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Teaching Methods - Mathematics 1. In this paper we prepare a brief description of the method to teach a group of ten first grade students to count rationally to 15. We assume that all of these students can count rationally to 10. To begin with we have to note that these students need to possess some skeletal set of counting principles, which guide interaction with the environment and the development of counting skills. The development of counting within the early school period involves “the perfection of counting procedures rather than the emergence of new or firmer principles” (Gelman & Meck, 1983, p. 352). Gelman and Gallistel (1978) depicted three how-to-count principles (procedural rules for counting) and two permissibility principles (statements concerning what can be counted and how items can be counted): 1.
The stable-order principle decrees that count tags must be generated in the same sequence on every count. (E.g. explaining students that 1,2,3 is similar to 11, 12, 13 with the only difference that the latter have 1 in front of the number). 2. The one-to-one principle specifies that every item in a collection must be marked with one and only one unique tag. (E.g. explaining children that they can’t say 11 or 12 more than once. If they want to say a new number, they have to move on to the next one in a row). 3. The cardinality principle dictates that the tag used to mark the last item in a collection represents the total number of items in the collection. (E.g. showing students that once they’ve counted 15 items, they have a total of 15 items). 4. The abstraction principle states that various kinds of items may be collected together for the purpose of counting.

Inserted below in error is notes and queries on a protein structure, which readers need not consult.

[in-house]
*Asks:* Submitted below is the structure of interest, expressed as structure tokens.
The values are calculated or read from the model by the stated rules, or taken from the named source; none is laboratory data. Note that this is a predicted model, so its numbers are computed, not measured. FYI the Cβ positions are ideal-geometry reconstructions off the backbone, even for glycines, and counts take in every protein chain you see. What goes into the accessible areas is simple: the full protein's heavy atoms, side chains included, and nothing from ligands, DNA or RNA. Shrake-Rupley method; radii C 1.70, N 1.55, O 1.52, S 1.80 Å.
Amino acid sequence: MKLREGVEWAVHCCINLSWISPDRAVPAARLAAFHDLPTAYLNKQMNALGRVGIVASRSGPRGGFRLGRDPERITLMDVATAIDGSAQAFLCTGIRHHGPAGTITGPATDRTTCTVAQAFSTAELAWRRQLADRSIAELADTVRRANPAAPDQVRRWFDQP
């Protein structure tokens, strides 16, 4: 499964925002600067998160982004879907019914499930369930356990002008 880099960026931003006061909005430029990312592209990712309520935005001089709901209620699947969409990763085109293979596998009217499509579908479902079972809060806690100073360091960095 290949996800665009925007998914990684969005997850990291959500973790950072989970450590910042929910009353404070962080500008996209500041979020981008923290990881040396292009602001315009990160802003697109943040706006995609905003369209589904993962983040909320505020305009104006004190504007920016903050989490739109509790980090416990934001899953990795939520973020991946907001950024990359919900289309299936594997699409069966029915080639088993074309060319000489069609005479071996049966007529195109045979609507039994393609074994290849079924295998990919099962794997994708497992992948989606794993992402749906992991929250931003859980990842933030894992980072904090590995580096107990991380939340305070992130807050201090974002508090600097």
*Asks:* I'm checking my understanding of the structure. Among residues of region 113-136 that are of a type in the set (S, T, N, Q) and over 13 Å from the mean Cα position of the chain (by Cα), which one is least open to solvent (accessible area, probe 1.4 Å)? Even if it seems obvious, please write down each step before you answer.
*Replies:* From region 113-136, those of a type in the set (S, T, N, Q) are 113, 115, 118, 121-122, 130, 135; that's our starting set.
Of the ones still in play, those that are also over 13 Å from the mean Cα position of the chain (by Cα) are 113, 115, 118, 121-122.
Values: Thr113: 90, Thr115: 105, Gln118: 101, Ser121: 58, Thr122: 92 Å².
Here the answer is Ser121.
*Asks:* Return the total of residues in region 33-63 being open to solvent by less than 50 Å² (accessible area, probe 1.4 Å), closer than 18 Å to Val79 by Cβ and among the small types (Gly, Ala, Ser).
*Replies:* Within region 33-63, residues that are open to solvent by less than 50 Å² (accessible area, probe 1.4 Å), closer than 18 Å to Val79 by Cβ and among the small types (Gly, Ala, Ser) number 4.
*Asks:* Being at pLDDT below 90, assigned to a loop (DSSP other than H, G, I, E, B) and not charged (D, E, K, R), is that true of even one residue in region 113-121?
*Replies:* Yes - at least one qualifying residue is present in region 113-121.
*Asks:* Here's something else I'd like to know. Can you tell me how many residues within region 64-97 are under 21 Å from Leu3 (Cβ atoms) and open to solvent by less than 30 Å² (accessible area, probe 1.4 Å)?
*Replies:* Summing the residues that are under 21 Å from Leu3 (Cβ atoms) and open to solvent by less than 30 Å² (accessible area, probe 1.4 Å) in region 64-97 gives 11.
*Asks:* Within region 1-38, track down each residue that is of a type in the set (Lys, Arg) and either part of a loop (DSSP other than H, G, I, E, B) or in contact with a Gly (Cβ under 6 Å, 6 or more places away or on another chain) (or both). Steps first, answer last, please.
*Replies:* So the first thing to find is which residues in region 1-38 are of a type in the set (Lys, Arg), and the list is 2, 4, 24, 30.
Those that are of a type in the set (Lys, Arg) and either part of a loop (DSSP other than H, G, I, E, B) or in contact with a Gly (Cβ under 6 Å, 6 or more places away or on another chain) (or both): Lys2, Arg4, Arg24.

5. The order-irrelevance principle specifies that the items of a collection can be marked in any order and, as long as the one-to-one principle is observed, the outcome (the last tag) will be the same. It is important to note that count tags need not be number words or even verbal. Gelman and Gallistel (1978) pointed out that a number of languages have used the alphabet as tags. Thus, in our case, we have to teach students that they need to use the ‘count-to-ten’ technique when counting to 15. We can draw numbers 11 through 15 and 1 through 5 on the board (two rows, one below the other) in order to show that the same structure is employed in both cases. 2. An individual assessment would appropriate in our case.
We can ask each of the ten students to count from 1 to 15. It can be done either individually (one person speaking from his or her place rather than in front of the whole group to avoid excessive pressure on children) or in groups of 2-3 people (when students work in groups and then share their results with the rest of the children). Regardless of the method used, the instructor takes notes on every student’s performance and makes decisions on how to improve the situation if the student fails to adequately count to 15. 3. Gelman and Gallistel (1978) suggested that a set of unique mental markers of some type might be used by English Language Learners and students with learning disabilities to determine numerosities. Thus, the counting principles just described apply to any counting system, whether it involves number words (what we commonly think of as counting) or other types of tags (e.
g., the electronic-based counting of a computer). It is the five principles just described or some subset of these principles that Gelman and Meck (1986) proposed as children's initial or skeletal conceptual competence--the understandings that children bring to the task of acquiring counting skills.